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thanks - to confirm, nothing explicitly keeps FW from releasing an HDMI 2.1 expansion card that leverages the underlying capabilities of the AMD 7X40 HS boards in the FW16, right? An issue of time/parts availability/money/etc. at present?

interesting re: techpowerup coverage- would you please share the link?

I’ve decided to go with the shotgun approach and ordered 3 more adapter/cables.

They could definitely produce an HDMI 2.1 expansion card that is capped at 25.92 Gbps of active bandwidth (excluding overhead due to error correction), which is 80% higher bandwidth than the 14.4 Gbps bandwidth limit of the current HDMI 2.0b card. Such a card could also take much better advantage of the available bandwidth due to having better compression algorithms such as DSC.

It might be possible to produce an HDMI 2.1 expansion card that is capped at 38.8 Gbps of active bandwidth, however afaik the chips that would be needed for that are not yet readily available and as I noted TechPowerUp indicates that the 7040 series AMD CPUs can’t handle that display bandwidth through the USB4 controllers. So that is unlikely, and achieving the full 42.7 Gbps of active bandwidth that HDMI 2.1 is capable of is definitely not possible currently.

TechPowerUp releases these detailed images indicating the IO capabilities of processors including details such as the version of DisplayPort supported by the USB4 controllers.


In that image it displays below the USB4 controllers that they support DP 1.4a, which is an older version of DisplayPort that is limited to an active bandwidth of only 25.92 Gbps, which will be the bottlenecking factor for the connection between the laptop and any HDMI 2.1 expansion card.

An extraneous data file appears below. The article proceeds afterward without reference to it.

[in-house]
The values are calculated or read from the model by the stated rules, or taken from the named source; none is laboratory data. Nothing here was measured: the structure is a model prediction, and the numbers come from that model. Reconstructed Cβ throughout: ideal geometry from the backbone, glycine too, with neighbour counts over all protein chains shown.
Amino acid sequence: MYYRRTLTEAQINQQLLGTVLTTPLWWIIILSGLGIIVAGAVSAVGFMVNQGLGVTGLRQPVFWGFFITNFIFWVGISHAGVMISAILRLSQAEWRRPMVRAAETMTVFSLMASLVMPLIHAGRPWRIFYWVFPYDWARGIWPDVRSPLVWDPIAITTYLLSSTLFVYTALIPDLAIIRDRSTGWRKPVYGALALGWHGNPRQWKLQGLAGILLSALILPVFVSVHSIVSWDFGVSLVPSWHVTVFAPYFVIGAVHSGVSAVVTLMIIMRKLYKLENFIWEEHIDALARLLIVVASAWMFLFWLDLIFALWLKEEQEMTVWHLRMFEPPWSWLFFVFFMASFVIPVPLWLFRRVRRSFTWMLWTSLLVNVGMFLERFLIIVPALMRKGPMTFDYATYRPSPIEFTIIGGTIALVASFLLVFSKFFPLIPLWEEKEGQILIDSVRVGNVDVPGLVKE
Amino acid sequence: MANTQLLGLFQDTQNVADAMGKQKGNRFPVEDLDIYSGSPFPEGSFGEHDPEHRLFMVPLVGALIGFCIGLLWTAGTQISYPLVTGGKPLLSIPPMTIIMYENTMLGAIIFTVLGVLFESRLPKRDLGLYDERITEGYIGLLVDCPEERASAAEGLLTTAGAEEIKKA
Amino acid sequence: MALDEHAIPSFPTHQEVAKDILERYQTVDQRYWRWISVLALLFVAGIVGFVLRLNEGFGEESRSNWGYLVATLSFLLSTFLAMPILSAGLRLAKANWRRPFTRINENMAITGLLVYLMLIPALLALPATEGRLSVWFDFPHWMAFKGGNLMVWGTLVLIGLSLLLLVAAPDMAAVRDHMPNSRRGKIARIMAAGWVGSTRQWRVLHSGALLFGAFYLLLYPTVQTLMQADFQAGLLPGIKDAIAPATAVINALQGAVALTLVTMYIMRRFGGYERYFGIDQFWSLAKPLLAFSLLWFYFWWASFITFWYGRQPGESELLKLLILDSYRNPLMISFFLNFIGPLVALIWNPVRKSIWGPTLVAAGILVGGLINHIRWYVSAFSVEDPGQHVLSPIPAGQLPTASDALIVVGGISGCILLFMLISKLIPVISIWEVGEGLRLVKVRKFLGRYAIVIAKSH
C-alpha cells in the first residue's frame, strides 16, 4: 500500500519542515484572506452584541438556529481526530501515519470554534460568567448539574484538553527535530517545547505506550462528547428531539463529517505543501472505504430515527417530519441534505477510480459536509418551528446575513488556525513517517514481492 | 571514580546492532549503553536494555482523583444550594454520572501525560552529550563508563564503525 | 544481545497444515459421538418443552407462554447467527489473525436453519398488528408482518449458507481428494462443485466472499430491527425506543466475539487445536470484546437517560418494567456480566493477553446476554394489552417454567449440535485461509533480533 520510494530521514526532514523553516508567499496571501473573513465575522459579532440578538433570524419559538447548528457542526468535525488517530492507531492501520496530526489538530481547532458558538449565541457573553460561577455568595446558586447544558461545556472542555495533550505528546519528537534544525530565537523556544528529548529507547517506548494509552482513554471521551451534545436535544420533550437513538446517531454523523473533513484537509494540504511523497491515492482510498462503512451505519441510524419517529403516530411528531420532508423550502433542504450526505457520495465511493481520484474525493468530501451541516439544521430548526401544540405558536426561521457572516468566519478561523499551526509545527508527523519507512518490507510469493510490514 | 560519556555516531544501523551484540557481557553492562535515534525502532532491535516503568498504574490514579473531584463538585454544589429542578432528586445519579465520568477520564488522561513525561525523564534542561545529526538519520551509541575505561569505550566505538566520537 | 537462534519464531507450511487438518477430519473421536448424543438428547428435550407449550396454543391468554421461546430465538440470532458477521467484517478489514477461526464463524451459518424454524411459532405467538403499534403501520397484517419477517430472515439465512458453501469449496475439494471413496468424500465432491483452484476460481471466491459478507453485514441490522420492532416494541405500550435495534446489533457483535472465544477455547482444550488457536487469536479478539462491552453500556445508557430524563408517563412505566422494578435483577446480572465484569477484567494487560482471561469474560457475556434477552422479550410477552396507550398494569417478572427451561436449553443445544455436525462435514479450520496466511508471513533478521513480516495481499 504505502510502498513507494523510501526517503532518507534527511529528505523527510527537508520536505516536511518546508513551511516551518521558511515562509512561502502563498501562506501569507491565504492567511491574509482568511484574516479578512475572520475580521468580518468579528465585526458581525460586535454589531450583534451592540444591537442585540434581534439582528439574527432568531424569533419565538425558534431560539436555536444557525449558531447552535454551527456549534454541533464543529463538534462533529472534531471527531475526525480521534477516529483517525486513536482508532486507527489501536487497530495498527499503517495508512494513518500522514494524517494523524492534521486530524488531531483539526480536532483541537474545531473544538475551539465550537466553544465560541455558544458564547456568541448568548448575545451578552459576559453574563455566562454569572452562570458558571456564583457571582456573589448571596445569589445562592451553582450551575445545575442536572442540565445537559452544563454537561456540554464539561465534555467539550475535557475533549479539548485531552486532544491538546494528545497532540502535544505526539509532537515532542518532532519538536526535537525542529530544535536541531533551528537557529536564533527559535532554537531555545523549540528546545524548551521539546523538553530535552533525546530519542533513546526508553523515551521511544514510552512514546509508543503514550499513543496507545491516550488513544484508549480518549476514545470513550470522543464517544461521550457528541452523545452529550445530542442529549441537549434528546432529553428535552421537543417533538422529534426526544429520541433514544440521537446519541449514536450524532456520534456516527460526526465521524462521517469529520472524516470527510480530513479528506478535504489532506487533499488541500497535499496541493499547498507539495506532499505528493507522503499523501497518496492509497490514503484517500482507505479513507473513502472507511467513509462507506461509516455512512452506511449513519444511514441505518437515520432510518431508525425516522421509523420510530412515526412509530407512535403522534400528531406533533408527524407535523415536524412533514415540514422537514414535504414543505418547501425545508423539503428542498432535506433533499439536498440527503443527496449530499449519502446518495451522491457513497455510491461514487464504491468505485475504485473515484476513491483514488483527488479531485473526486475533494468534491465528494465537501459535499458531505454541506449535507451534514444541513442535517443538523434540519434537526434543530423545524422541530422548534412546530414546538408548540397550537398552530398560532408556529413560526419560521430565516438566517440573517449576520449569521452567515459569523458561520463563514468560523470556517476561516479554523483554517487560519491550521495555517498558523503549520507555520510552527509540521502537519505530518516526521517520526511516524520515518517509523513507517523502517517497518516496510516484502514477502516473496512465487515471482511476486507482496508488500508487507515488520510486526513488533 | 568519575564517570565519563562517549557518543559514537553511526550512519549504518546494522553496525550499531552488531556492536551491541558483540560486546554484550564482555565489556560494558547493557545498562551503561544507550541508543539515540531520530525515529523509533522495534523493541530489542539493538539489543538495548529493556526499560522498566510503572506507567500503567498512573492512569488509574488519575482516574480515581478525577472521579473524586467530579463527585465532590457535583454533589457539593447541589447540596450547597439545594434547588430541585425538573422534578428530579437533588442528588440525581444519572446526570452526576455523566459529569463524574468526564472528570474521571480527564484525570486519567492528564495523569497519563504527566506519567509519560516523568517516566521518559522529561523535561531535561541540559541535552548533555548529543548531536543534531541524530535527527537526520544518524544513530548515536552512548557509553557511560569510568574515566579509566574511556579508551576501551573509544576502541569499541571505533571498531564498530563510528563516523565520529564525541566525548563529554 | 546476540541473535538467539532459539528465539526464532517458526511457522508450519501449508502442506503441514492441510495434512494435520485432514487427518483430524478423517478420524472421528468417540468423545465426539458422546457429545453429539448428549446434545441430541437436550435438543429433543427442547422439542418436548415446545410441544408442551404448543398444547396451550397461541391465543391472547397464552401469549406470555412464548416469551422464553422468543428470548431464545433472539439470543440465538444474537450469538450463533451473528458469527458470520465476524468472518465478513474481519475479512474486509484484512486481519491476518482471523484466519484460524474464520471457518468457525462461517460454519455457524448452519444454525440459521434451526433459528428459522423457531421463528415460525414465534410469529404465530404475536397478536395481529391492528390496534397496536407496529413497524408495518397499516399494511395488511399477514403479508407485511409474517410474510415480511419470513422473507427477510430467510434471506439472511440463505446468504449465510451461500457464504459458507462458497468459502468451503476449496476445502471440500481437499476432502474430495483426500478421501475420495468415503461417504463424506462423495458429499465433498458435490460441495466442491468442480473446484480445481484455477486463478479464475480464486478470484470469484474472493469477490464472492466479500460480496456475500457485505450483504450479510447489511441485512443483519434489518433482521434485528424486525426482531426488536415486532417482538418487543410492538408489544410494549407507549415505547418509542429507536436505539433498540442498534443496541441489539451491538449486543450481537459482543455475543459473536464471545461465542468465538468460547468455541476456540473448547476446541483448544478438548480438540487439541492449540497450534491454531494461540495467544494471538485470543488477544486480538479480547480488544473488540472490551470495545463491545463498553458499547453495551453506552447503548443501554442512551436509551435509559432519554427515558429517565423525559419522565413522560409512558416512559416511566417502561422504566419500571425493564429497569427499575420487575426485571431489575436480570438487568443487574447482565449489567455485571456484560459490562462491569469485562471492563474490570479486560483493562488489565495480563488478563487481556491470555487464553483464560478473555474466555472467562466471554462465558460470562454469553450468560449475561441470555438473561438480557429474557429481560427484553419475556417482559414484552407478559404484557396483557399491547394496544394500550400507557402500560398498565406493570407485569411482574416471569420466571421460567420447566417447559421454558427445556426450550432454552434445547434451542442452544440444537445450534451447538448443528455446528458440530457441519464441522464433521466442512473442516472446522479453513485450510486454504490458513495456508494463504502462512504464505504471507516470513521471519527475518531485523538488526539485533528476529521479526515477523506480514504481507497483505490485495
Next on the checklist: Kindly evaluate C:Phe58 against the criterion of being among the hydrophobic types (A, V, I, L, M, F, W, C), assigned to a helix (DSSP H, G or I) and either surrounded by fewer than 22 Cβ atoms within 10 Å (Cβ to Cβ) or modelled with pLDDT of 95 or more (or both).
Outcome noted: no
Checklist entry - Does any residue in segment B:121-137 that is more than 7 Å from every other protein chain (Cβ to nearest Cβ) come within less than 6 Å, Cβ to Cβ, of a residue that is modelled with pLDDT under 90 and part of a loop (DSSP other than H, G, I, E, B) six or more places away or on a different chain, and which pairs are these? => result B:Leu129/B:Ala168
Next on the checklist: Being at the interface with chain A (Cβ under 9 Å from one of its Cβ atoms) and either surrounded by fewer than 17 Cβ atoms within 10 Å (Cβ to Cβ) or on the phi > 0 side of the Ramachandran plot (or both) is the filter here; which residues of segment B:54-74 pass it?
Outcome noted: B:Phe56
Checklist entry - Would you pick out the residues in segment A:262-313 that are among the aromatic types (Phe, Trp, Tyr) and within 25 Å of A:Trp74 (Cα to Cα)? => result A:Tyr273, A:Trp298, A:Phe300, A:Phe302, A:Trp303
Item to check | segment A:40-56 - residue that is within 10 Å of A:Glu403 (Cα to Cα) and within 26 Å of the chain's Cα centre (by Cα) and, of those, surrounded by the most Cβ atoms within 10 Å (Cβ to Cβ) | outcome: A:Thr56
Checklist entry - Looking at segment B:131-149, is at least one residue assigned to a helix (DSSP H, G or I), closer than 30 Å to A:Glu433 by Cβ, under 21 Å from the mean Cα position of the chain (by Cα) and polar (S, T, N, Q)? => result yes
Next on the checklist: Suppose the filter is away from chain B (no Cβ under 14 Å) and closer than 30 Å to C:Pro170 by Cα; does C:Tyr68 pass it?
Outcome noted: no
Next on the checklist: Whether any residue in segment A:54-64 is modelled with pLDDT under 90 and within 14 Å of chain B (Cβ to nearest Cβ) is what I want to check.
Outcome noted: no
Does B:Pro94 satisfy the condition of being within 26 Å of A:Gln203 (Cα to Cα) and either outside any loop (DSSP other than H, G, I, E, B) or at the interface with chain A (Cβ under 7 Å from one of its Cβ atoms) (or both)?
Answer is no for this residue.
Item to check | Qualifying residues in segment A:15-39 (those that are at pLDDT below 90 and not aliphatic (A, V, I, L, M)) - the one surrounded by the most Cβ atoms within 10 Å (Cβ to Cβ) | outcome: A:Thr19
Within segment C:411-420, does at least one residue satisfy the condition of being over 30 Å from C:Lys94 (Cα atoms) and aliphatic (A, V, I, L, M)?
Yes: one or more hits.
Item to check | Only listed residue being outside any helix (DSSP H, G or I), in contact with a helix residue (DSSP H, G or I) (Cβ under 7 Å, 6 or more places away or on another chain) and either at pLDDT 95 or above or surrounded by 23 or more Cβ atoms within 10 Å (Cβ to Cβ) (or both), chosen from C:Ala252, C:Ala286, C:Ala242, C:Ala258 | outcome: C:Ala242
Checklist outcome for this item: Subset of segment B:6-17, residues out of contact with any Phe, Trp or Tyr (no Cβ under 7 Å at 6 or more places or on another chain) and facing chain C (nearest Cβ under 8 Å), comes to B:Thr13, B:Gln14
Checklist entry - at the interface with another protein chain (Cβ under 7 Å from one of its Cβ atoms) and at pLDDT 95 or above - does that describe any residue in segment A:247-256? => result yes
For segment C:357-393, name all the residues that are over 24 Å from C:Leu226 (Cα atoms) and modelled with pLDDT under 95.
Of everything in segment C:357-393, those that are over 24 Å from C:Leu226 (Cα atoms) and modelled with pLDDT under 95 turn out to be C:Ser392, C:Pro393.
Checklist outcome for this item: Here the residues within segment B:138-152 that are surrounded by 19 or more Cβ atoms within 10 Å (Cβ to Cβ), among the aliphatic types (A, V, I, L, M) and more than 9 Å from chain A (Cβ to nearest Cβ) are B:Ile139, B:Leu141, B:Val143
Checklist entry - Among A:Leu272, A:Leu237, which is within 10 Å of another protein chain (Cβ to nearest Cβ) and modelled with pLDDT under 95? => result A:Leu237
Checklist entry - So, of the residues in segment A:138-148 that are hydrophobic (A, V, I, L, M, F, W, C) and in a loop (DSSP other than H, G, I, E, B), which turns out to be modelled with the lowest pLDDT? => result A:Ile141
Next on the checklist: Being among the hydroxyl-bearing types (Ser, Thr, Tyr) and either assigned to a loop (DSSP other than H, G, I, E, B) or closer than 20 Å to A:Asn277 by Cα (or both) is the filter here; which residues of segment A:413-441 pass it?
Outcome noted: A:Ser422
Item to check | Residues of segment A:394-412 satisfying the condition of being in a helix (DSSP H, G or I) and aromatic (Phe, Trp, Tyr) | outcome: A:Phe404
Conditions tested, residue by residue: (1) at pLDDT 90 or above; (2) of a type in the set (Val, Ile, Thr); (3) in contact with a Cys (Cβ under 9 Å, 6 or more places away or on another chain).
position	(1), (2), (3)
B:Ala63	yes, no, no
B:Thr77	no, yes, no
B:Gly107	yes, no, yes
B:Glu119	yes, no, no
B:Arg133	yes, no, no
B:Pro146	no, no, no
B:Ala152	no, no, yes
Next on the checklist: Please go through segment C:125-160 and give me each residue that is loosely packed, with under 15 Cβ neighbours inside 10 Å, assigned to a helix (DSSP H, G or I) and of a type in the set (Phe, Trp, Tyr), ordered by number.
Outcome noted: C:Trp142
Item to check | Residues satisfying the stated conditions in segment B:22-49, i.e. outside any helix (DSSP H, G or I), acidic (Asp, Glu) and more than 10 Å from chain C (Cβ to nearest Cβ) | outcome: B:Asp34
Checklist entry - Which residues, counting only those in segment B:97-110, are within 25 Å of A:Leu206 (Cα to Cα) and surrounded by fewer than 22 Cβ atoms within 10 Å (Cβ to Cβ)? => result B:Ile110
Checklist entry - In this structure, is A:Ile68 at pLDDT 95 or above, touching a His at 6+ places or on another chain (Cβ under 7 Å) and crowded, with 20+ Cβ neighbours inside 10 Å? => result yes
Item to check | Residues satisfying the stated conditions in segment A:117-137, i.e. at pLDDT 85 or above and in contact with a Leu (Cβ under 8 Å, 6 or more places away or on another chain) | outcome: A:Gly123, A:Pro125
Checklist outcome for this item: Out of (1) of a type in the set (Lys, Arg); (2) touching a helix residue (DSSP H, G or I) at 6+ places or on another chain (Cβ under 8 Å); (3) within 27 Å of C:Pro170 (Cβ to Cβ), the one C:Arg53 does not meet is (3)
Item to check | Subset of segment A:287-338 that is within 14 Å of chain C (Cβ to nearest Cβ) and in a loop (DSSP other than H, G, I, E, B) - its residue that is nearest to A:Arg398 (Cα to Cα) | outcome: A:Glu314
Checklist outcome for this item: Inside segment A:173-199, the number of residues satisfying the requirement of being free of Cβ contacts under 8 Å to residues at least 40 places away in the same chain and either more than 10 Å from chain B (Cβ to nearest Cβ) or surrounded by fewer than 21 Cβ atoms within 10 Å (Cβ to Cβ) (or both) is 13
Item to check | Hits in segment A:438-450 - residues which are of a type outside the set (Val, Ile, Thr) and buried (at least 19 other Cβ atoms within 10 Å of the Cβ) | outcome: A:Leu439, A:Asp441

By comparison on some other processors such as Intel’s Meteor Lake processors they list DP 2.1 in that same spot. It’s possible they made an error in listing DP 1.4a, however it’s also possible that the CPU is indeed limited to DP 1.4a 25.92 Gbps through the USB4 ports.

If someone reading this has a 7040 series laptop and a USB-C to DisplayPort dongle that supports DP 2.1 (the Framework DisplayPort Expansion Card should work) and a display that supports DP 2.1 they could potentially test to confirm (share what it lists under “Current Link Status” under the “Gaming → Display” tab in AMD’s software, I think it should be “10 Gbps x 4” if DP 2.1 is being used).

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For anyone visiting this thread in the future, I’m a little surprised, but THIS adapter is providing 4k/120/10-bit (edit, 12-bit, in fact!), directly into the DGPU port so far.


Looks just fine and assuming it’s stable, will be good enough for me!